“What’s the big deal if the boy sees you cry? It’s a happy occasion. It’s 2019. The Great Depression is over. You don’t have to be such a stoic. Dads aren’t like that anymore.”

To which I say, go pound sand. I can do what I like, when I like. I’ve earned my stripes.

Spring is here. The season of new beginnings. Of baseball and baby chicks. Of Cadbury eggs and confirmations.

We are involved in something entirely new—new, that is, to us. Our Paddy (10) and our Sally (6) are trying their hands (and feet) at the ancient game of Gaelic football.

This year at the Hennessey homestead Spring is the season of hand passes and Sperrin Ogs.

Gaelic is best described as soccer mixed with basketball plus a touch of violence and a pinch of volleyball. The goalposts are a mixed marriage of soccer net and football upright. It’s a sport mainly played in Ireland, but wherever Irish migrants settle in large numbers they are apt to form local associations of the county committees that govern the game back home.

Gaelic is quite popular in our new neighborhood of Southeast Yonkers, an honest-to-goodness enclave bordering the northern Bronx neighborhood of Woodlawn. Green, white, and orange tricolors easily outnumber the stars and stripes here, and not just during the month of March.

Mrs. Hennessey is consistently delighted at the preponderance of broguish speech she hears in the pews at St. Barnabas and the aisles of the Acme on McLean Ave.

Paddy and Sally have been learning this new game with the underage teams of the Tyrone Gaelic Football Club of New York—aka, Sperrin Ogs. I know from reading a bit that the Irish word “og” is a suffix meaning little or, in English parlance, junior. The Sperrins themselves are a mountain range in Northern Ireland that have been officially designated an “Area of Outstanding Natural Beauty.”

The thing is, the Sperrins are quite low-rise as mountains go. Add the suffix “og” and you have a translation situation leaving the youth squad’s name as something like Pretty Little Mountains Jrs.

That may not be the right handle to put the fear of the Banshee in your opponent’s heart.

Last year, on the Tonight Show, the Irish comedian Chris O’Dowd described Gaelic football for Jimmy Fallon. “It’s played a lot by farmers, people from the countryside, very rural, very rough, brutal but beautiful like a big wave,” he said. “A great sport. You should try it, if you like wrestling or death.”

Things are not so smash-and-grab at the youth level. It’s good exercise with a lot of running and the kids are developing a fair amount of ball-handling skills. I can see how it could be beautiful like a big wave, when played by people who know what they’re doing.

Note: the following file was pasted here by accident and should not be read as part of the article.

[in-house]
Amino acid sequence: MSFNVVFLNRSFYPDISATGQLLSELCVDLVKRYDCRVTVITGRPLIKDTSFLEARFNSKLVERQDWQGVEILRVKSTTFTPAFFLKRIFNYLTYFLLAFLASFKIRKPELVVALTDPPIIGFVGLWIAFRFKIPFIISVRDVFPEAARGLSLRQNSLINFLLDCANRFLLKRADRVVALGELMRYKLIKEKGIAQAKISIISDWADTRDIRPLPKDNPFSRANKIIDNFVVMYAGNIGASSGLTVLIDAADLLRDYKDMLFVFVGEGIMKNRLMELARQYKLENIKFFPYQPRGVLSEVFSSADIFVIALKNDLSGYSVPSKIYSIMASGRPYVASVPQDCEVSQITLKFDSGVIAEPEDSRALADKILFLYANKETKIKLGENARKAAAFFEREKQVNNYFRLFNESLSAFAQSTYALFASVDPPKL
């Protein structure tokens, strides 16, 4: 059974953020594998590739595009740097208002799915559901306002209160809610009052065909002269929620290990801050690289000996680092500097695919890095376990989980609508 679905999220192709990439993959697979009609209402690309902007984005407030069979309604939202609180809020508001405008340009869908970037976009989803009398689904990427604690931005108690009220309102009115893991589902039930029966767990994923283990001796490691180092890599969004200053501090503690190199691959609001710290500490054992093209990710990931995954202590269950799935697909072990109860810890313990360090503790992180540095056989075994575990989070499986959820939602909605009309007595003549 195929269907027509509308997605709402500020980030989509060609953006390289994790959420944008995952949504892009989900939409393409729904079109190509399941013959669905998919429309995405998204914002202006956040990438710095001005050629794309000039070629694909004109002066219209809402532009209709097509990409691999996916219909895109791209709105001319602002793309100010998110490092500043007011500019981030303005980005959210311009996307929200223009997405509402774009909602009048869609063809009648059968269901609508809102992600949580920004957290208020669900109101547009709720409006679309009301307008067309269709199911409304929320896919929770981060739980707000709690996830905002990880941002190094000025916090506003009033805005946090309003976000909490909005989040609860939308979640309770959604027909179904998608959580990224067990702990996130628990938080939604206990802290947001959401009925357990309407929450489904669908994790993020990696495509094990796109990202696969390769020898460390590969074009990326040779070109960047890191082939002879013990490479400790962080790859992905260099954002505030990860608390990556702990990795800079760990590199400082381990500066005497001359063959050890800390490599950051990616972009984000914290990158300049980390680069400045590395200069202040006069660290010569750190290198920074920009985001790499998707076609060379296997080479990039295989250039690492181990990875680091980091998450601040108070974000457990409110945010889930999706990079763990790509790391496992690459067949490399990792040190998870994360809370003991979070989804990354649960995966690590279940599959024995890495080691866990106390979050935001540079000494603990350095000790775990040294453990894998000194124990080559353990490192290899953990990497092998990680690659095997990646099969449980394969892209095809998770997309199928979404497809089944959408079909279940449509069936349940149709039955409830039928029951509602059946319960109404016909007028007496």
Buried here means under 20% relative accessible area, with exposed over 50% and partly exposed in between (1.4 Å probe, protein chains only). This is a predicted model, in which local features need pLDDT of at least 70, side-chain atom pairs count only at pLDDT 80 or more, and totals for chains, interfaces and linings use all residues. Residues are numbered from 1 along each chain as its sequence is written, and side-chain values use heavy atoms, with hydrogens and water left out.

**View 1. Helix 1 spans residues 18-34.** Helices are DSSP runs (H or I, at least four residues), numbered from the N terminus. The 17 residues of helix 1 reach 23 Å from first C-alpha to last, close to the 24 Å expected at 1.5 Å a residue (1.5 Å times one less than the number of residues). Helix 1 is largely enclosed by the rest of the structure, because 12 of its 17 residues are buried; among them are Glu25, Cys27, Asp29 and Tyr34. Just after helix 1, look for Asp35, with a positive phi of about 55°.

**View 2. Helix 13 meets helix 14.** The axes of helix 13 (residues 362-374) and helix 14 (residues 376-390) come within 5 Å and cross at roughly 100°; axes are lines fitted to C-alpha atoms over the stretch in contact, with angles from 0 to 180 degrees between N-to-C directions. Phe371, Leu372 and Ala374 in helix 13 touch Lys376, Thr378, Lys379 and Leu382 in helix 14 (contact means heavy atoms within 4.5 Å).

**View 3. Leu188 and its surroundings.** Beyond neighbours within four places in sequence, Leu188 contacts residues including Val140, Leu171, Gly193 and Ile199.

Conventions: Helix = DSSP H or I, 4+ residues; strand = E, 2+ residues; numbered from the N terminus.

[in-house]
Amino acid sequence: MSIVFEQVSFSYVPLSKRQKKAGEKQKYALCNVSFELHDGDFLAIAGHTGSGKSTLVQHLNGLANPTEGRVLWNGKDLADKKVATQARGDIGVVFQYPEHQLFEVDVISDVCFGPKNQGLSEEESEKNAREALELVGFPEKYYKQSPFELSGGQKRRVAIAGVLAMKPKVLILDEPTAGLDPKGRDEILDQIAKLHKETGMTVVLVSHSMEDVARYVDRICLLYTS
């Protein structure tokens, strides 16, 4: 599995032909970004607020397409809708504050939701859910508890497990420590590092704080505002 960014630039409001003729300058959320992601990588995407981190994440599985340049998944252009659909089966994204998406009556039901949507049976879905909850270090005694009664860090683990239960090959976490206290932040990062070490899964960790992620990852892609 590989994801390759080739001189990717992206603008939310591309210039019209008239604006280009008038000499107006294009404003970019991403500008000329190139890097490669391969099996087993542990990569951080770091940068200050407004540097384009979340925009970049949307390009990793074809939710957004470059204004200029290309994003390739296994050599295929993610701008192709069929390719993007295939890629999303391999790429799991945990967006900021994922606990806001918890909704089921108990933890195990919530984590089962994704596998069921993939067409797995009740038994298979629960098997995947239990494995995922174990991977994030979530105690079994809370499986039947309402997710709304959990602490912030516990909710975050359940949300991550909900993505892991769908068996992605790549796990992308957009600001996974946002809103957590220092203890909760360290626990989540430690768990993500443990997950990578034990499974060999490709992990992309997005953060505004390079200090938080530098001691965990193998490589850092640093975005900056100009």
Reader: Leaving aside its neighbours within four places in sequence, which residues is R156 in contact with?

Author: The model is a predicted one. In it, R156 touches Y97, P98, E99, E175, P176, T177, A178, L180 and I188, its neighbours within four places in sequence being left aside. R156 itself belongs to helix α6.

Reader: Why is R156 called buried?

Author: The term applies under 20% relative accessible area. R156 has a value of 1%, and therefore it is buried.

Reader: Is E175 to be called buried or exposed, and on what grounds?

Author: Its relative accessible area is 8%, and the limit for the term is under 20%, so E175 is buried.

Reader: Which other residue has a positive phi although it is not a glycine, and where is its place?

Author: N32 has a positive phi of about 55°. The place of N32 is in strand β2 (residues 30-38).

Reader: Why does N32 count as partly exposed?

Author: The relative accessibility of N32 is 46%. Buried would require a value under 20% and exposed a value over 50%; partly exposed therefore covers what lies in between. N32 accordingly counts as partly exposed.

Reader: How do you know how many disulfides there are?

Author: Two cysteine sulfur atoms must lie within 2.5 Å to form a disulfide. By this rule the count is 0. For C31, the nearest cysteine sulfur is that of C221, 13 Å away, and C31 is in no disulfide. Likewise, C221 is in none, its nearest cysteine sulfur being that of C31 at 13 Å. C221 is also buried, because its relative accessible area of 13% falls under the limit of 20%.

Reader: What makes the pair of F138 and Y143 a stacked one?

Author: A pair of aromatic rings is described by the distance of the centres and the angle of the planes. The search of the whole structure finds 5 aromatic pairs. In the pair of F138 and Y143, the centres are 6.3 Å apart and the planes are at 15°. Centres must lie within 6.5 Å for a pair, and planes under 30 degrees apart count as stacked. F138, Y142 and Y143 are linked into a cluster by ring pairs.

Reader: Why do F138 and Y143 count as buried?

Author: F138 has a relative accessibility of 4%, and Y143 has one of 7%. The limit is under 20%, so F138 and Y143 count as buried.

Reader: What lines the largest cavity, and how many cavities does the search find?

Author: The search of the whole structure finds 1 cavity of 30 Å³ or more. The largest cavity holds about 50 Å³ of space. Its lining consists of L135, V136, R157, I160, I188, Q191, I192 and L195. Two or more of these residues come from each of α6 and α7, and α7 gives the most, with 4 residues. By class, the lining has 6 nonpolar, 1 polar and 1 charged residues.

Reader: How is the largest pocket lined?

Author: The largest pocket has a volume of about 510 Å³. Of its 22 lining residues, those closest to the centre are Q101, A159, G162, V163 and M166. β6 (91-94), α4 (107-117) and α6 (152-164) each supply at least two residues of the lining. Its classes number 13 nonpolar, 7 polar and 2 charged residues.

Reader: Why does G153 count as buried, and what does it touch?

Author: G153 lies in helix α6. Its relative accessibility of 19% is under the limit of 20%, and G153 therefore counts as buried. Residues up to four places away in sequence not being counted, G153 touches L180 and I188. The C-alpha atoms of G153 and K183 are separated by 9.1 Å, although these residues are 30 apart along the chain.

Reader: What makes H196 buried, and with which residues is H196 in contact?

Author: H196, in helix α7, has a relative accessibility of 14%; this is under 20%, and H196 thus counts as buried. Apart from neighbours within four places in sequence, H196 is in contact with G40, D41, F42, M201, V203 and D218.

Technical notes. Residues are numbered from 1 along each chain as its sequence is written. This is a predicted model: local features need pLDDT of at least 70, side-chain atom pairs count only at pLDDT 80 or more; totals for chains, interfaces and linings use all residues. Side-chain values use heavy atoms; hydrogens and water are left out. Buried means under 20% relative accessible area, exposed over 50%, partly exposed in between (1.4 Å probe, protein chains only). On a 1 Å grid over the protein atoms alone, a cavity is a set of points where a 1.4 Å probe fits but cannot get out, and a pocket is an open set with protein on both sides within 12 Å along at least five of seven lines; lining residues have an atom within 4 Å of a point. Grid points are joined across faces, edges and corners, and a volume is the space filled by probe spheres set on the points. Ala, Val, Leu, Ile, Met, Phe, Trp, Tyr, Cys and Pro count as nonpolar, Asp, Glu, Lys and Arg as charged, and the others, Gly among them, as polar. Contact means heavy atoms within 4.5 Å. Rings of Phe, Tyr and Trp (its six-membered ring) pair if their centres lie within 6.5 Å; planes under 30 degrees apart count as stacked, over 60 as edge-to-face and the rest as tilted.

The best thing about the Gaelic experiment from Paddy and Sally’s point of view is that their old man has no idea what’s going on. I wish I could help them. I really do.

Yes, my family tree has roots in the auld sod, but I never played the game. Until recently I’d never seen it played. I’m unfamiliar with the ground rules and don’t know the names of the positions. The points and scoring regime are a mystery. Couldn’t tell you what’s a foul and what’s not. I wouldn’t be able to name a single famous player, or even say if there are any.

I can Google though. A little research shows that Gaelic was first played loooong ago. Irish history records the accidental stabbing of a football player at a match in County Down in 1308. This is the kind of game we’re talking about.

Things went dark for a few centuries due to the meddlesome influence of a certain neighboring imperial power, but the Gaelic football—and other indigenous revelries such as hurling, which is basically baseball where everyone gets a bat—played a significant role in the Irish national revival of the late 19th century.

Soccer, if you didn’t know, is an English game. Playing a purely Irish game was a weighty symbol to those who’d grown tired of the oppressor’s yoke.

In Northern Ireland, which, if you didn’t know, is part of the United Kingdom, Gaelic games took on an explicitly political bent. This is a place where politics and religion are sometimes indistinguishable. Gaelic sports, tied up as they were (and are) with expressions of Irish nationalism, were (and are) mostly played by Catholics.

Long way of saying: A Gaelic football family is a family that eats fish on Fridays. It marks you as papists.

Thank goodness these religious and political undertones don’t enter into Paddy and Sally’s weekend games at Van Cortlandt Park. America is a land where such ancient complications can be forgotten over a generation or two. Yanks like us are lucky we can still try something new, even if it has been around since 1308.

Sperrin Ogs Abu!

We’re having some work done on the roof of the new house. The chimney is twisted and needs to be rebuilt. Friends gave us the number of a guy we could call to fix it.

McNulty is from Ireland. He told me he did “finishing work” for Guinness. I know what Guinness is. What finishing work is I have no idea. McNulty came one windy weekend to asses the chimney’s twist. We stood together in the driveway, eyes on the sky. We both saw the problem but McNulty saw what I couldn’t: How to fix it.

I only know how to fix sentences.

The meeting took five or ten minutes. “It’s no good Matchoo,” he said, pronouncing my name in what I took to be Dublinese. “You don’t want one of them bricks coming loose and falling down into the driveway while the kids are playing and all.” We agreed that was something I did not want. “I’ll talk to my brick man—Billy from Kildare—and we’ll get you sorted straight away.”

We shook hands on the sidewalk and parted ways. As I watched him leave I thought, “My goodness my hands are an embarrassment.”

McNulty is a slightly built man but his hands were like cinderblocks wrapped in sandpaper. Shaking my hand must have felt, to him, like meeting a man-size chinchilla with opposable thumbs. I am inadequate in the hands department.

Pinkish, uncalloused, and prone to cracking in winter, mine are the hands of man who has only ever worked indoors. My palms are like pillows; my fingers like sausage links. Ever see a tree that has grown around a chain-link fence? That’s what my wedding ring looks like.